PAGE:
Dr. Merritt Ringer Jr. died peacefully on Christmas day with his family at his bedside; he was a dozen days short of his 92nd birthday.
“I’ve gotten old,” he joked a few weeks before; and the solvents of age simply melted him away; we all should be so fortunate in our deaths.
Merritt Ringer was an army brat; he was born at Walter Reed hospital in Washington D.C., and grew up, among other places, in Virginia, Chicago, Wyoming and Hawaii. He attended the University of Texas before going to Northwestern University, where he met and married Lucy Funderburk from Atlanta, Georgia. He graduated from Northwestern Medical School and did his internship at the Mayo Clinic in Rochester, Minnesota. During the Korean War, Merritt served as a captain in the air force amidst the peaceful cornfields of Illinois.
Following a brief stint as a doctor in Provo, Utah, Merritt and family moved to Boulder, Colorado, where he enjoyed a long career in private practice which included teaching and becoming chief of staff at Boulder Community Hospital. He and Lucy raised three children in vibrant Boulder. They were members of the Country Club and enjoyed an active social life among young, affluent rising professionals. There were poker nights with doctors and an investment club. Dr. Ringer was an active golfer who combined modest power with clockwork swings to achieve respectable scores. In the early years of their marriage, Merritt and Lucy took their kids on annual trips around the Western United States in a station wagon. But in the mid-60s, they discovered Europe and a lifelong passion for international travel was born.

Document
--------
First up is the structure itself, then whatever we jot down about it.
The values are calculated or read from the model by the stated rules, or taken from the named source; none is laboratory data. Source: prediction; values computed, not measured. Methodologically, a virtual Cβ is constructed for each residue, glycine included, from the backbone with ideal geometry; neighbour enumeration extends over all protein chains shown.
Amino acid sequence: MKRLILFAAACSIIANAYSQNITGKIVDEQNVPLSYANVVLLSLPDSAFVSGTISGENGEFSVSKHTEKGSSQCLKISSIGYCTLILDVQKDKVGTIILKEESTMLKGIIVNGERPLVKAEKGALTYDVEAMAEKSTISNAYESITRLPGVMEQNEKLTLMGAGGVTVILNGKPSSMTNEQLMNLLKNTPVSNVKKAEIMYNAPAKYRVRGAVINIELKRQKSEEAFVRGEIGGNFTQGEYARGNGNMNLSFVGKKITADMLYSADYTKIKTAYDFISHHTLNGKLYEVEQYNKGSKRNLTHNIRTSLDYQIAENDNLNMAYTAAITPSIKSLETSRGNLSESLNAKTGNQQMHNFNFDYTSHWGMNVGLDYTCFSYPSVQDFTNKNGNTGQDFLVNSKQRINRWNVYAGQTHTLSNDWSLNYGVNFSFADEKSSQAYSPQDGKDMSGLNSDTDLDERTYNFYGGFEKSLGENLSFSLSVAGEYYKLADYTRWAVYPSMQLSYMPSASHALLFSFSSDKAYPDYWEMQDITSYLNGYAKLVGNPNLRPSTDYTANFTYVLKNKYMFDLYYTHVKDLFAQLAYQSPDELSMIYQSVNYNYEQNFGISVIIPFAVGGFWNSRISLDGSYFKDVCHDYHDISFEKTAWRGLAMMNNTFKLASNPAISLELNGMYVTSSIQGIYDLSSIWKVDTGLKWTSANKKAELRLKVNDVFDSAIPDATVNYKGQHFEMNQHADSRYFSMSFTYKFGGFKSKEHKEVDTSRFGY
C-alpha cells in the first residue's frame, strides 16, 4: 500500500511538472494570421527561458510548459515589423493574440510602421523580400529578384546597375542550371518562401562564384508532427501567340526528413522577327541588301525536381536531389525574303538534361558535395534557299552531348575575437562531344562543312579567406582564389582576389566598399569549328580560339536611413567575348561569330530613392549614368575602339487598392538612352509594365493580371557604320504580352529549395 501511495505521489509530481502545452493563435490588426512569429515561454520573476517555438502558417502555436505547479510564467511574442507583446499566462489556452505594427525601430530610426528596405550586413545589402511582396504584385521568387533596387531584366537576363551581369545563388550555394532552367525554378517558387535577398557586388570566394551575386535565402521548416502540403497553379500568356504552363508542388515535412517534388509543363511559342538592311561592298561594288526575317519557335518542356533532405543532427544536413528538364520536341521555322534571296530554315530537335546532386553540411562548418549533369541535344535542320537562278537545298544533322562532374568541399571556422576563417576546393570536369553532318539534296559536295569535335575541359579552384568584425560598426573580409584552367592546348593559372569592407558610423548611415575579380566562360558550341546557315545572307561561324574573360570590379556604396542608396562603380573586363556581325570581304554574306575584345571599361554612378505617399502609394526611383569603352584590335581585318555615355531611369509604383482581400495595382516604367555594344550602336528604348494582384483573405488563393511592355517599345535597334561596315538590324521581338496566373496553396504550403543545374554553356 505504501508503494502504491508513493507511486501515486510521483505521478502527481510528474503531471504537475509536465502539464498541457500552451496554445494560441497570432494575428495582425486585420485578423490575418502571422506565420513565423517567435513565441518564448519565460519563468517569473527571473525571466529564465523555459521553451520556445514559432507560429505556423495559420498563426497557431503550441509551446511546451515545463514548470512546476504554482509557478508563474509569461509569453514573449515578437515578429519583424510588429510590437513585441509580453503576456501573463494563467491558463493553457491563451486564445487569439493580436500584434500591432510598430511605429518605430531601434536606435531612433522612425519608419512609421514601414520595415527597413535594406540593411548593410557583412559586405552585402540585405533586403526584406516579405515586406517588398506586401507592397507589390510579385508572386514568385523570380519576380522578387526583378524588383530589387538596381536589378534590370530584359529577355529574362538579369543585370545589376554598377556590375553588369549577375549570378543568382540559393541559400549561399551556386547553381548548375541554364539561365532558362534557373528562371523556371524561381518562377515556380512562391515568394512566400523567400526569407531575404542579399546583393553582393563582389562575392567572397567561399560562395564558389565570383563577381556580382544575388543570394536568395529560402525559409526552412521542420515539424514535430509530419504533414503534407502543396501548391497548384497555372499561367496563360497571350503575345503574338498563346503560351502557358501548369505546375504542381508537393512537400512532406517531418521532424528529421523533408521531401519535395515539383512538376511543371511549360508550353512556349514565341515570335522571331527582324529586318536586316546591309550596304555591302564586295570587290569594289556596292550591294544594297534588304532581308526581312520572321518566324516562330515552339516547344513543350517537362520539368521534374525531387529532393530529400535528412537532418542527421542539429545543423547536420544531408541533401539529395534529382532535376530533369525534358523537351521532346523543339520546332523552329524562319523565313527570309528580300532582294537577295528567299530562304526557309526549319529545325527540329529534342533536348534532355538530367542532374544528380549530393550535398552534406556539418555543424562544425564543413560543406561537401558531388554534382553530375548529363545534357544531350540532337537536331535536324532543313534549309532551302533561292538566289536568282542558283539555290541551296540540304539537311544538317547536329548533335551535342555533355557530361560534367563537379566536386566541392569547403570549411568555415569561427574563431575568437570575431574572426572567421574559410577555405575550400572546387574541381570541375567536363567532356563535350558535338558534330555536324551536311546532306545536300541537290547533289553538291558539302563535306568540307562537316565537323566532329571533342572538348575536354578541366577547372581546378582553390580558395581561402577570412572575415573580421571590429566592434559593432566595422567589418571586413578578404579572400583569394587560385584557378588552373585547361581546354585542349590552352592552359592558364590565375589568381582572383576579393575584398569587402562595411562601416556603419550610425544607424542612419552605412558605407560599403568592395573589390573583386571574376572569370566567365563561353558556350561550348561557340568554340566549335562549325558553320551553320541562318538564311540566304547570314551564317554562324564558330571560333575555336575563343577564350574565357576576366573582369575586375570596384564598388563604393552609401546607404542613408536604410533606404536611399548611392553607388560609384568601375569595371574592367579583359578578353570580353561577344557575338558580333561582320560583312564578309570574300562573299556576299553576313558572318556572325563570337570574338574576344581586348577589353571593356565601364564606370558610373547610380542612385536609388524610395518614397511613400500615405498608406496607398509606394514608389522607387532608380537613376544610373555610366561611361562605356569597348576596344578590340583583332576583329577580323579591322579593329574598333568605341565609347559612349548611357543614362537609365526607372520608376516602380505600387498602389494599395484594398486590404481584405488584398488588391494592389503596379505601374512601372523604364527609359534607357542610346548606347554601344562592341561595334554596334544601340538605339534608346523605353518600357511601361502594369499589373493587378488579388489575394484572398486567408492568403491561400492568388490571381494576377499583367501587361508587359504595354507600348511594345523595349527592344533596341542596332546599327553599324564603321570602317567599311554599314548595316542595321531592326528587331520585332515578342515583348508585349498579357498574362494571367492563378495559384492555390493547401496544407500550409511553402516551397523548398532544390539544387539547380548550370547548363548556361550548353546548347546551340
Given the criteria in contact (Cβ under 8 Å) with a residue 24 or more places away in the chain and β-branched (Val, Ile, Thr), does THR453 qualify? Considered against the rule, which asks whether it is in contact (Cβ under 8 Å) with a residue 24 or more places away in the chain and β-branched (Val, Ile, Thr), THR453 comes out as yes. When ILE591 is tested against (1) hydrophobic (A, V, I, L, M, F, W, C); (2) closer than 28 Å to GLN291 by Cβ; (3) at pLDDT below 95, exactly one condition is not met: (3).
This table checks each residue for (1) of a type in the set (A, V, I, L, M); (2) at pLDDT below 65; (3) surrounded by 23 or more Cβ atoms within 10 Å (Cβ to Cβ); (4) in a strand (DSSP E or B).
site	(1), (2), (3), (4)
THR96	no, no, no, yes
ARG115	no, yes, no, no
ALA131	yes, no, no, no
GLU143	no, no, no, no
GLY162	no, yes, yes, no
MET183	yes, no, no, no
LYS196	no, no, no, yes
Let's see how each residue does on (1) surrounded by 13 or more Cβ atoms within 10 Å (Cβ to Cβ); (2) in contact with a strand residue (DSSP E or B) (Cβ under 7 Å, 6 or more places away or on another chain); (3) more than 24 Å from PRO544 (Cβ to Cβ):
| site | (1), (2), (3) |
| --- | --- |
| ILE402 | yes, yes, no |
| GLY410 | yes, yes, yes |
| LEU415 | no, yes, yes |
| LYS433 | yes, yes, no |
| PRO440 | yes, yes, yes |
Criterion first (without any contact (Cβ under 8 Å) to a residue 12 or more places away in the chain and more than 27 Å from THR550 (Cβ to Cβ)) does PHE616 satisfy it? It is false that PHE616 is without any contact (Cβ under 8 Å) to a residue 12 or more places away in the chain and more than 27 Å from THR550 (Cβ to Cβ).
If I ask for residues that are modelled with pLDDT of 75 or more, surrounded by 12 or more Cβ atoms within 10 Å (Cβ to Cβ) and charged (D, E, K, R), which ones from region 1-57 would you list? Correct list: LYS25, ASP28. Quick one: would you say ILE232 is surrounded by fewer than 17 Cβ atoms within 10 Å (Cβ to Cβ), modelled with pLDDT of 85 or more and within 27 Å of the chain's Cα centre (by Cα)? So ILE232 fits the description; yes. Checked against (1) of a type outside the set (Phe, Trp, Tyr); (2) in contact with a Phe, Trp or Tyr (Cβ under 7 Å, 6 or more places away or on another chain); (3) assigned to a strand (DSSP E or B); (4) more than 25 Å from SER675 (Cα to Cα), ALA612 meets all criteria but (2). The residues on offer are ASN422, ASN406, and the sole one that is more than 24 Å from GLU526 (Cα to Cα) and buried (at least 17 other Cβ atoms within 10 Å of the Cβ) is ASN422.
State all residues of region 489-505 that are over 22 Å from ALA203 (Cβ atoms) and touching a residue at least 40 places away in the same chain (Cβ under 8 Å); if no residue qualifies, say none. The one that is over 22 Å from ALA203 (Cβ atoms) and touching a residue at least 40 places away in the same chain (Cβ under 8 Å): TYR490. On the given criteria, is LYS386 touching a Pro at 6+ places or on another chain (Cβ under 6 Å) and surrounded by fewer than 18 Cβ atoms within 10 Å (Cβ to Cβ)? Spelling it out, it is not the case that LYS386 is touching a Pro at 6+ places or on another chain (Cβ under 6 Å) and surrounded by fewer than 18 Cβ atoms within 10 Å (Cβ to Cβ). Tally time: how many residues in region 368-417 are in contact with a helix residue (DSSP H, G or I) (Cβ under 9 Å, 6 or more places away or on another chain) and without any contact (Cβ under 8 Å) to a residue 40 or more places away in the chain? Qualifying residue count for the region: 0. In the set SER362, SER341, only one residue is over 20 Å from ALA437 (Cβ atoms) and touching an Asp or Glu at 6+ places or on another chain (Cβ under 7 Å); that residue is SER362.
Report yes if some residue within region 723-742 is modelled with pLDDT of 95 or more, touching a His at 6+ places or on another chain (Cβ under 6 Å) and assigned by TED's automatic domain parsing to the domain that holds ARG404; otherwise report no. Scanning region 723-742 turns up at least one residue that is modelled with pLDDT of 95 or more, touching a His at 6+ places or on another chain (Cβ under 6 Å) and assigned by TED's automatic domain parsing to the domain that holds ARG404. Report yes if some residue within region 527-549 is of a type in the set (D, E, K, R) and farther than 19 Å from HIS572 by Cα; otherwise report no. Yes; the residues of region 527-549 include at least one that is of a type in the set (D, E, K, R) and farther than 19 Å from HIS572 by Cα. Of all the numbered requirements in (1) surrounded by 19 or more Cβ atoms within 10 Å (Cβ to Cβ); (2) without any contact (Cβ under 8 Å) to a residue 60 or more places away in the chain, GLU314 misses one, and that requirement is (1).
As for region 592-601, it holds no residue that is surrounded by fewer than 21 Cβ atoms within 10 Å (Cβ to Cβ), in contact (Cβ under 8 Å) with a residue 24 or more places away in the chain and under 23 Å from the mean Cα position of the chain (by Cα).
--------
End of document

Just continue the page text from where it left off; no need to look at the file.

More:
On one jaunt, they found Carmel, then a far quieter town; and in 1965, they bought a second home there. In 1982, he and Lucy retired to Carmel. He continued questing for experience through extensive foreign travel with Lucy and also made a solo stay in Cuernavaca, Mexico, to learn Spanish. When in Carmel, he and Lucy enjoyed again a rich social life with their many friends.
In 1992, Lucy died suddenly following minor surgery, tearing a huge hole in his life. Tragedy touched him again when his son, Eric, unexpectedly died. These events gave him a deeper appreciation of life. After a time, he married Linda Berges Barry of Visalia, Bakersfield and Sacramento, with whom he celebrated their 25th wedding anniversary this past July. They traveled widely and enjoyed a lively social life in Carmel and in Friday Harbor, Washington, in the San Juan Islands. They loved tennis and boating, making many friends in those communities. Merritt formed “The Gourmet Guys” with four friends to cook up frequent feasts for their wives. He was an active member of the Beach Club, where Linda and his kids hosted an annual birthday party for him. He never met a party he did not like, and when he made a friend, it was for life; everyone who knew him remembers his booming, uninhibited laughter.
Dr. Ringer is survived by his wife, Linda; his son, Merritt and his wife, Sien; his daughter, Kristin, her children Stephanie and Daniel; and his daughter-in-law, Marjorie, and his granddaughter, Danielle, with her husband, Christopher; and by his step-children, Michael with his wife, Melissa, and Megan, and their families.
The whole family wants to thank hospice for their care in easing his path, helping his family and allowing him to live out his life at home. We are astonished and grateful that such a humane institution exists with government support at a time like this.
The family plans a private service. In lieu of flowers, donations can be made in memory of Merritt Ringer Jr. to the Carmel Public Library Foundation.